Your Summit Springs Farm CSA share this week contains the following:
2 lbs of Mountain Rose potatoes
2 lbs of zucchini/summer squash/patty pan squash
1 lb of carrots
1 bell pepper
.8 lb bag of green beans
1 bunch of scallions
1 bulb of garlic
1 pint of cherry tomatoes -OR- 1 lb bag of mixed beefsteak and heirloom tomatoes
Choice of 1 herb: Basil -OR- Cilantro -OR- Sage
Bread shareholders received a loaf of John’s Daily bread this week. Look for all sorts of goodies for sale at pick-up this week: eggs, flowers, pizza dough, pancake mix, bran muffins, cookies, zucchini relish, bread and butter pickles, etc.
Patty pans are those odd, pale, roundish squash that some of you may have found in your squash collection this week. The flavor is similar to yellow summer squash, and the patty pans can be prepared the same way: sauteed, steamed, tossed into a stir fry, or (our absolute favorite) grilled. The farm is in the midst of a tomato transition. The greenhouse tomatoes…those candy-like Sungolds and delicious Super Sweet 100 cherry tomatoes and the ol’ reliable beefsteaks…are on the way out, and the field tomatoes are just starting to come in. Hence, the choice this week between cherry tomatoes or “big” tomatoes instead of both. If you choose the big tomatoes, you’ll find an heirloom fruit in there amongst the dwindling beefsteaks. Now, about those heirlooms… We grow many different varieties here, and I’ll try to highlight some of them in a future post once they really are coming on in force. They often don’t look as pretty, but that’s the nature of the beast. Heirlooms come in all shapes and sizes; they tend to be more fragile than beefsteaks; they often split or warp as they develop. (As for appearance, there’s also the simple fact that they are outdoors in the field rather than in the more protective atmosphere of the greenhouse.) But…just take a bite, and all is forgiven. The flavor and complexity of the heirlooms cannot be topped. It’s like rediscovering what a tomato should be. So, get ready, folks, ’cause here they come!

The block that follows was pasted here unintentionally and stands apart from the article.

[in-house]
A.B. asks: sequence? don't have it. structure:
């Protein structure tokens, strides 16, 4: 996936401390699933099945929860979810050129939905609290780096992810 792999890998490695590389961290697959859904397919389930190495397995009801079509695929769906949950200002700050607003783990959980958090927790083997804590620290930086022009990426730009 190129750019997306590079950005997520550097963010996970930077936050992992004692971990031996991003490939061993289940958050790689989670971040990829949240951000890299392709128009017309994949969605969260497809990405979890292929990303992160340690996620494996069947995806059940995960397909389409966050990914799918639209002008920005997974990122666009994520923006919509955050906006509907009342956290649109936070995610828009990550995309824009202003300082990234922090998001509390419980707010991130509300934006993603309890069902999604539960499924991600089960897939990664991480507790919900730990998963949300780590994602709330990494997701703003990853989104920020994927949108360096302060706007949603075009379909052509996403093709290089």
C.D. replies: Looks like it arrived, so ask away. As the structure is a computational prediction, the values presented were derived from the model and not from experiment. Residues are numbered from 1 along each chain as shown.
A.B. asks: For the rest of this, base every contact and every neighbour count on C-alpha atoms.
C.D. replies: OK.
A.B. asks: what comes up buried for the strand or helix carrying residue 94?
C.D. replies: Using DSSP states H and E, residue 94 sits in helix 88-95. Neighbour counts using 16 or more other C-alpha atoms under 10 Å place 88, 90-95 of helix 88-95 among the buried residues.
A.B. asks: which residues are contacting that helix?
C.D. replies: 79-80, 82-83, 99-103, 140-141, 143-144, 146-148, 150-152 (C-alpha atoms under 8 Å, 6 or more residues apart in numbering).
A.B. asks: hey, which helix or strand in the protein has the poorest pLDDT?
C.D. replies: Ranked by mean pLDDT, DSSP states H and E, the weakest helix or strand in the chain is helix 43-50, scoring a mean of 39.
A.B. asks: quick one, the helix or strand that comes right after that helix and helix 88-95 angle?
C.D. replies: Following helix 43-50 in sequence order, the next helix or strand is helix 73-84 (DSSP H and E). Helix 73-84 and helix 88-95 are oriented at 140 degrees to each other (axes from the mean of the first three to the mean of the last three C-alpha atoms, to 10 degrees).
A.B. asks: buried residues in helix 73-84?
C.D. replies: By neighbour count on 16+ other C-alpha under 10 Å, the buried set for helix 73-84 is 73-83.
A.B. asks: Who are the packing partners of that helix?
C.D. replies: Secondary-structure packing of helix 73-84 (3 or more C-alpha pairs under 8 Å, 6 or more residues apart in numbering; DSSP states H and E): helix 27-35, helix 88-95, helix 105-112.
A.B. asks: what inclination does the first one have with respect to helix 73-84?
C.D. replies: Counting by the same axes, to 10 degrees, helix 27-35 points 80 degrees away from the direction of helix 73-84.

Speaking of tomatoes, here’s the latest on late blight: It’s in the state but still isolated in just a few pockets in the Waldoboro area. With the return of the humidity, we did elect to spray copper on the field tomatoes last week and are adopting a “wait and see” attitude going forward. We’ll keep an eye on the weather and on Eric Sideman’s frequent MOFGA Pest Reports to determine whether or not we should spray again.
Believe it or not, I (John) have been tapped to play some music this Saturday at the Bridgton Farmers’ Market. I’ll be there, guitar in hand, playing folky covers and an original or two during the morning hours. Come see me and check out the market, too!